Mark’s telling of the gospel about Jesus begins with the ministry of John the Baptizer. This telling is shaped by quotations from two Hebrew prophets–Malachi (3:1) and Isaiah (40:3), though Mark only references by name the most prominent prophet.
The Malachi text announces the coming of a messenger who will precede God’s own coming to the temple for judgment and blessing. Given the judgment upon covenant violators (including those who do not pay just wages to their workers as well as those who mistreat the needy), the text calls for repentance which suits John’s own message and baptismal ritual.
The Isaiah text comforts the people of God with a message of redemption. God will level mountains and raise valleys in order to make a path for the people of God to return from exile in Babylon. God is bringing redemption to his still exiled people (a la N. T. Wright). Israel’s exile from Babylon may have ended, but their exilic status as an oppressed people continued under the Persians, Greeks and Romans. Israel was looking for a New Exodus, for redemption.
John’s ministry, shaped by these texts (in their whole rather than as snippets), locates him as a prophet who announces the end of the exile of God’s people and calls them to repentance in anticipation of the in-breaking of the kingdom of God. God is coming to his people in both judgment and blessing. Consequently, the people of Israel repent, confess their sins and are baptized for the forgiveness of their sins in order to prepare themselves for the coming reign of God, that is, to prepare themselves to receive the Messiah (Christ). Israel hears the word of the prophet, crosses the Red Sea again (typified by their baptism), and enters the wilderness of waiting for the coming of the Messiah.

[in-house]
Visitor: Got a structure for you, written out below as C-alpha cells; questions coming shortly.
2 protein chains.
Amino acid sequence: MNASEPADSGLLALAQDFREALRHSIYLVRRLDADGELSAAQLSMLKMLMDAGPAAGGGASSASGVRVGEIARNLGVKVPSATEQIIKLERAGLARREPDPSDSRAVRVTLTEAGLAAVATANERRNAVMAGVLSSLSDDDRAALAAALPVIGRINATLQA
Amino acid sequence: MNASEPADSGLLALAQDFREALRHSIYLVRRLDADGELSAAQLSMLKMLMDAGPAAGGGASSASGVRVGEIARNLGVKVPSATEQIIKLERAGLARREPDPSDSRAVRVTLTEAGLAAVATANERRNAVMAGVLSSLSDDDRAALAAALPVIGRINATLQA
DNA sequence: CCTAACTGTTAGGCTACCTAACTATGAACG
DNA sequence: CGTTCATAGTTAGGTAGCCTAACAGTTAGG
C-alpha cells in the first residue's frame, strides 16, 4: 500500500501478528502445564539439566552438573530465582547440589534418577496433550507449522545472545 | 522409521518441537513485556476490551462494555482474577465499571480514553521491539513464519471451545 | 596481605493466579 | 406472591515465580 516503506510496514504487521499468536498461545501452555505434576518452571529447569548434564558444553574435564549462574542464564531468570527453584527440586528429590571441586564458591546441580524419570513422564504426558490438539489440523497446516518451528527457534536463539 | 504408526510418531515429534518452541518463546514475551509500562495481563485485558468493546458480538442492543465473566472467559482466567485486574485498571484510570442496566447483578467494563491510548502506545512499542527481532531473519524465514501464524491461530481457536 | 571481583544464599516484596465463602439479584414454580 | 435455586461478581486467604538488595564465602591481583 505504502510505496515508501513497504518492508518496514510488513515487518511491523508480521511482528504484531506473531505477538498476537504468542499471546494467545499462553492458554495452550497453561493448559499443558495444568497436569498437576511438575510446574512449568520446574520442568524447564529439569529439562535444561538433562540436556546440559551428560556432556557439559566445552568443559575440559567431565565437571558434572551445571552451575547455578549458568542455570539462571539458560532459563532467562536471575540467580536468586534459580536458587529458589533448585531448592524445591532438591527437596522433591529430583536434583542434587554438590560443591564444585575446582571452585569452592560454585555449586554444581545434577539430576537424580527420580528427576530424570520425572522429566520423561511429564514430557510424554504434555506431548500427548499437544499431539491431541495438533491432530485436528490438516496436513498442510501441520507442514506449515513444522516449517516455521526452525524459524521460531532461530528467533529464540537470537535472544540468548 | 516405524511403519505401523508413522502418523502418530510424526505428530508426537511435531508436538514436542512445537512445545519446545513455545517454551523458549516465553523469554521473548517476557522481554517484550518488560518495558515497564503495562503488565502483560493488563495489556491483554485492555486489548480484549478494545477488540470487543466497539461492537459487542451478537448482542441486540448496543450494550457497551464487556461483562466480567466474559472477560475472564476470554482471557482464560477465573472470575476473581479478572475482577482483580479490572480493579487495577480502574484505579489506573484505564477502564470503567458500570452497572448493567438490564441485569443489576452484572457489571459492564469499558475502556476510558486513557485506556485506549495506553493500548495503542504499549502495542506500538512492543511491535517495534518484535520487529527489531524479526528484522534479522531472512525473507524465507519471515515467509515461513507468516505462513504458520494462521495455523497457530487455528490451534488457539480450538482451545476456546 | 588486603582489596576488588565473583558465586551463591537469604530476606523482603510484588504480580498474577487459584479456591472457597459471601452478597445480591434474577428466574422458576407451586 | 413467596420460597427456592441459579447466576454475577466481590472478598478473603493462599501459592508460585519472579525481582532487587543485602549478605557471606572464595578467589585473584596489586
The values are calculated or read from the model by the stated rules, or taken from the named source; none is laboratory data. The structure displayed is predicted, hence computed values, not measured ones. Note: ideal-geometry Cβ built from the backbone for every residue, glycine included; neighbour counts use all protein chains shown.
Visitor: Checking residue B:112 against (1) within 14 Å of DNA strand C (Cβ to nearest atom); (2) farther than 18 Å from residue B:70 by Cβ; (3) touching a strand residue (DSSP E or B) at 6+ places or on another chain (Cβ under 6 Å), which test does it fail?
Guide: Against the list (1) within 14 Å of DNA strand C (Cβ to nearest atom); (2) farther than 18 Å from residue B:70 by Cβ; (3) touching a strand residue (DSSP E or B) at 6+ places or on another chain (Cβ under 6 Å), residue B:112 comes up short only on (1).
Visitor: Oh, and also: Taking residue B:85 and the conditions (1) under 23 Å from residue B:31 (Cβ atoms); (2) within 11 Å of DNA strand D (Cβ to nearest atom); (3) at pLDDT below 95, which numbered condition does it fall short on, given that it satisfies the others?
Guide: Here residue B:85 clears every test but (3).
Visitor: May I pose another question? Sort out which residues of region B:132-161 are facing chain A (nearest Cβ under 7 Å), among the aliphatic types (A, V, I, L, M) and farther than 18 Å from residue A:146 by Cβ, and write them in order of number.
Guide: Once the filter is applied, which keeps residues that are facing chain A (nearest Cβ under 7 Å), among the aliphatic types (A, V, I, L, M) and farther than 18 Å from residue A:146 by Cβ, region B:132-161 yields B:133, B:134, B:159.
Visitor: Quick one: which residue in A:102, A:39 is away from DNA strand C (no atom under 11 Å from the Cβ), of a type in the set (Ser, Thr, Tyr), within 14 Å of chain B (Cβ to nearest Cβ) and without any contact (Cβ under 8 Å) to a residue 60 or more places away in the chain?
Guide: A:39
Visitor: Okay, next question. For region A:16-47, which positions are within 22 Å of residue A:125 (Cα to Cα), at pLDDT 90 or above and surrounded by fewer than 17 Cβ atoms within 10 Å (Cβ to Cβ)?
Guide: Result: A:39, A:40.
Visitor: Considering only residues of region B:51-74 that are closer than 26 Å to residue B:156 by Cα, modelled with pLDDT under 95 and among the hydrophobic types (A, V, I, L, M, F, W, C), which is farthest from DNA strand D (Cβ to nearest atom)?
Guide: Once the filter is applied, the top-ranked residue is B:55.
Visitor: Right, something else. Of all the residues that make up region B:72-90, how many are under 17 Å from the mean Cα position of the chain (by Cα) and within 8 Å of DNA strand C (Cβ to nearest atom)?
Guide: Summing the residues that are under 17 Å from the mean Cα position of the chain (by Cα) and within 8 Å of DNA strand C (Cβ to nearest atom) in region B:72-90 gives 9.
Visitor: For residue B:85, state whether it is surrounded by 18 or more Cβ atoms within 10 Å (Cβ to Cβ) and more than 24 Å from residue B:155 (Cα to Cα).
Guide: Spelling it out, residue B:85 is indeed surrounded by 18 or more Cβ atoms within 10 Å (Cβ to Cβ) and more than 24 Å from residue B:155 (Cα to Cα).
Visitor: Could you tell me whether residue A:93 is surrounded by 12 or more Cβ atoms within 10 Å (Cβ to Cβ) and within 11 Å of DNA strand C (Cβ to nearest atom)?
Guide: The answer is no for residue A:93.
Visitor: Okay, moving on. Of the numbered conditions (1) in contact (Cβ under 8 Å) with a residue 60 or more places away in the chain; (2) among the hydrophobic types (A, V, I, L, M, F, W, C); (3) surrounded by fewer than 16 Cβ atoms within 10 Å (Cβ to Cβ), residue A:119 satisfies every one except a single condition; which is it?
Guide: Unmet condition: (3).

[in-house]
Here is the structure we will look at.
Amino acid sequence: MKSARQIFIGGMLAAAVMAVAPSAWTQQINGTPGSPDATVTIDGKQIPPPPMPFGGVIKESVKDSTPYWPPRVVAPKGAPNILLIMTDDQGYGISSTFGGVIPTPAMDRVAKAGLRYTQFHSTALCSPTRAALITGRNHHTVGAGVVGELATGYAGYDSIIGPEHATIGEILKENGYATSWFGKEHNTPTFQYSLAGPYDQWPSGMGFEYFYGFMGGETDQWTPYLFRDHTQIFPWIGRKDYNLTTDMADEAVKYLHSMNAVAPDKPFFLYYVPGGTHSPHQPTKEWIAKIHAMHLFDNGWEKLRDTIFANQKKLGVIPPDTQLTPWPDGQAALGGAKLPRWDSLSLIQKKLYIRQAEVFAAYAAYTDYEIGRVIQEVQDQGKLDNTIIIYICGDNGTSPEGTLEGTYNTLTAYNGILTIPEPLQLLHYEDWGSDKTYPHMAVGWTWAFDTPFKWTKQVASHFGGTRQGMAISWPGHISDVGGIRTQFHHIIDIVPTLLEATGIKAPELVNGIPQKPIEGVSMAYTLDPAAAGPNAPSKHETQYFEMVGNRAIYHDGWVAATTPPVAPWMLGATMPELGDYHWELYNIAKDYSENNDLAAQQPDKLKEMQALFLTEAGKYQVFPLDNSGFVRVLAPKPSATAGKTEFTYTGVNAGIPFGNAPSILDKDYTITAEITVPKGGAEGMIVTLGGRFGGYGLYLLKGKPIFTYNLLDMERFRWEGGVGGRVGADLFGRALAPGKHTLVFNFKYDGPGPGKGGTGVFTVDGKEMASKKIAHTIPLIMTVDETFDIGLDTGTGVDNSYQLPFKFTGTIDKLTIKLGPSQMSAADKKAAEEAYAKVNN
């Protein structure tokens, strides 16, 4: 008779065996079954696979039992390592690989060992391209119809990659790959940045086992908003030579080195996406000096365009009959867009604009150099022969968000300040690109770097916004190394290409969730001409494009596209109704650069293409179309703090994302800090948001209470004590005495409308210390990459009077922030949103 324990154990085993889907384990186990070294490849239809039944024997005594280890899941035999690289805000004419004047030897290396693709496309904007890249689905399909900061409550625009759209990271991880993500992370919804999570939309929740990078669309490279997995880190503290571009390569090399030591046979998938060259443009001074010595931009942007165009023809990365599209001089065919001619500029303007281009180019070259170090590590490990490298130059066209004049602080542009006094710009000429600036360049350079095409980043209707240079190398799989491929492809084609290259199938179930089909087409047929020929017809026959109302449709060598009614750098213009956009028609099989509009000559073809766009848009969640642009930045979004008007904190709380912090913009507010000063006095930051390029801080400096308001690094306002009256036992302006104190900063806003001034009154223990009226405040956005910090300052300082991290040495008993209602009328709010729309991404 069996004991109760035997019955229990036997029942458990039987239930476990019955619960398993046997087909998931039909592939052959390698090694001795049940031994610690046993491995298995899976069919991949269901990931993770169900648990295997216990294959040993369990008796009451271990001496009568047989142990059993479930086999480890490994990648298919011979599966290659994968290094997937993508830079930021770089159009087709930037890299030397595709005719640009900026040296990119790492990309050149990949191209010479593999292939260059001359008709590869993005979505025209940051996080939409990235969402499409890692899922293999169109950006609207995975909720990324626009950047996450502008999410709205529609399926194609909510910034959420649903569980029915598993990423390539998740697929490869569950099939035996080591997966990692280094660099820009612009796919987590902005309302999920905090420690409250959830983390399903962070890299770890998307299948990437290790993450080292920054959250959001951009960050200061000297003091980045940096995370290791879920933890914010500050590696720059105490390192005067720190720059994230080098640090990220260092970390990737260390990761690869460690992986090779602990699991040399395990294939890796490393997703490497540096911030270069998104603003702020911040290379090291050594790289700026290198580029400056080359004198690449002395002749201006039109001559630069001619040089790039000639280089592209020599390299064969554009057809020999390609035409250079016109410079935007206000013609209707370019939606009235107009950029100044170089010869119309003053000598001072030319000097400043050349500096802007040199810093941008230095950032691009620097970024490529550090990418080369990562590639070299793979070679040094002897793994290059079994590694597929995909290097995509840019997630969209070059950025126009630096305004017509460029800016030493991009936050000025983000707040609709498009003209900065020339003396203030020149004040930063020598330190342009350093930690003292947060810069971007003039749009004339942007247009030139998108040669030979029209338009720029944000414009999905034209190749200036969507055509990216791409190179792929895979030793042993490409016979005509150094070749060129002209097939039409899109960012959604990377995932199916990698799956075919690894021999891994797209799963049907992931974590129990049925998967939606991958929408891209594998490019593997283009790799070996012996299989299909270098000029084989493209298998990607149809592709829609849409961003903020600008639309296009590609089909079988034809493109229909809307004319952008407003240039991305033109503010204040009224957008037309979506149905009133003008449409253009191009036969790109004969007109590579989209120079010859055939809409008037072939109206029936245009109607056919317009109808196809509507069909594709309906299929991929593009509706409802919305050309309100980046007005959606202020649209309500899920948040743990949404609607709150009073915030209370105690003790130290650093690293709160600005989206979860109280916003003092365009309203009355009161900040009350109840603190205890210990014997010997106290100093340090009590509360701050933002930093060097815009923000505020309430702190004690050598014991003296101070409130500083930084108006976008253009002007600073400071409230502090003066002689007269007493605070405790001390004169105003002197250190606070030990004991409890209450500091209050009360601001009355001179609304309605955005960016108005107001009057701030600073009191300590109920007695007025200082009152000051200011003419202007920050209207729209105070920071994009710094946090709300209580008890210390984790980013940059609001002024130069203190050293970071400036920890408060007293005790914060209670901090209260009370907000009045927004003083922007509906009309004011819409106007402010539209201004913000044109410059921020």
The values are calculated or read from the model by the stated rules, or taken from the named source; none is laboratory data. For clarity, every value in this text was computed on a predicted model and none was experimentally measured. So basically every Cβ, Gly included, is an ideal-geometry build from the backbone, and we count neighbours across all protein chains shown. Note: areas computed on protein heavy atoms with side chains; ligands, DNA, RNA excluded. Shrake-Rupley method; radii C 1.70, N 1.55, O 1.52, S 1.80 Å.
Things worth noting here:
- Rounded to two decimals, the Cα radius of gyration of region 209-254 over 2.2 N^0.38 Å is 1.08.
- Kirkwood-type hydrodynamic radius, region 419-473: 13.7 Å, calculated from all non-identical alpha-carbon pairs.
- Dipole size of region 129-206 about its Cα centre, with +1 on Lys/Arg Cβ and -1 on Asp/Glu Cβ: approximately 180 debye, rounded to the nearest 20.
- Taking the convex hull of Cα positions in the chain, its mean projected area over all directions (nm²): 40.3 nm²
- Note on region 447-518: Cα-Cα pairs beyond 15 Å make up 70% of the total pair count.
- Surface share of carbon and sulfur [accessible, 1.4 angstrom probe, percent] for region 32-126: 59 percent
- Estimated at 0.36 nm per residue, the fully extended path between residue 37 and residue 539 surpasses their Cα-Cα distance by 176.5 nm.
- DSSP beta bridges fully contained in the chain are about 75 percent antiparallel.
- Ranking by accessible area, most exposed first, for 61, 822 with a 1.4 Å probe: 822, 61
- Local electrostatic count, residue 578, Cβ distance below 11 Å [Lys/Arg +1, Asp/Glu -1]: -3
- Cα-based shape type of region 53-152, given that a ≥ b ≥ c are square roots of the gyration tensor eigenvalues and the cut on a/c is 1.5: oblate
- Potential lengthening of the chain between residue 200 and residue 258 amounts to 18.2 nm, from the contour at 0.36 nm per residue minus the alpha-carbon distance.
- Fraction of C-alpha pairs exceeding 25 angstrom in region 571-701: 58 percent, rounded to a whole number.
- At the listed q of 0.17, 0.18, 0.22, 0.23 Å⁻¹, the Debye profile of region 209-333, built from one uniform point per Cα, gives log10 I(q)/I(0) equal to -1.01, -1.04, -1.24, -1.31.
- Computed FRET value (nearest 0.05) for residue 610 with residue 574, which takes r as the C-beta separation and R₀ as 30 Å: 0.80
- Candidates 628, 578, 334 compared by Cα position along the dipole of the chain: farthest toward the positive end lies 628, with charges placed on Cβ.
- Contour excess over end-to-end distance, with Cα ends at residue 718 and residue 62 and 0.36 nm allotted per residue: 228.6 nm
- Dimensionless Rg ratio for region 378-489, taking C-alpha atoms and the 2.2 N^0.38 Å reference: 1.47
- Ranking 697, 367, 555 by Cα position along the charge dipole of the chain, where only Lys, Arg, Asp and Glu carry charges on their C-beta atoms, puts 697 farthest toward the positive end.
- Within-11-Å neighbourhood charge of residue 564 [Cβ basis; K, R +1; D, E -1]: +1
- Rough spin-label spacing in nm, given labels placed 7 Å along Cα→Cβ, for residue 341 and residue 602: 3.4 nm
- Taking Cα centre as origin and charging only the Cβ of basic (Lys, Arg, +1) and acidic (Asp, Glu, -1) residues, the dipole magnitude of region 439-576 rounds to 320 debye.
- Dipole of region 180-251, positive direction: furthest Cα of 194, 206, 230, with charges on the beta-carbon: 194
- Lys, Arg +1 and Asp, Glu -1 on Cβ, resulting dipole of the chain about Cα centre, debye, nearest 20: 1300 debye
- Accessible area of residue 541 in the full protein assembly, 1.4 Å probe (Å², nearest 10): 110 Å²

Much like the Qumran community went into the desert to await the kingdom as a penitent community, so Israel hears the preaching of God’s prophet, submits to a water ritual as an act of repentance for the forgiveness of their sins, and awaits the Messiah. Mark underscores John’s own prophetic role by noting his diet and clothing (cf. Zech 13:7). John is a wilderness kind of guy whose prophetic role is signaled by his austere lifestyle.
But John is not the Messiah. He only baptizes in water. The Messiah will baptize in the Holy Spirit. The introduction of the Holy Spirit here is significant. The pouring out of the Spirit is the end of the exile in several prophetic texts, most notably Joel 2 (quoted in Acts 2), Isaiah 61 (quoted in Luke 4) and Ezekiel 36. The presence of the Spirit is the presence of redemption, restoration and renewal.
The Messiah will pour out the Spirit and baptize his people in the Spirit. John’s role is to point to the Messiah, announce his coming, and prepare a people for his arrival. Repentance, confession of sin and baptism in water for the forgiveness of sins prepares Israel to receive the Messiah’s gift of the Spirit. Baptism in the Spirit here is not a special gift to a few but is the promise of God to Israel (and to “all flesh”). God will pour out the Spirit on all humanity.
John’s ministry is good news–the Messiah is coming. The message is not “take up the sword and prepare for the kingdom.” Rather, the message is “repent, confess and be baptized.” We receive the kingdom–and the kingdom comes in the person of Jesus–through obedient submission to the reign of God and not through a violent, revolutionary agenda. The people who receive the kingdom are those who repent, confess and submit to God’s kingdom call. Only a humble people can enter and embrace the kingdom of Christ.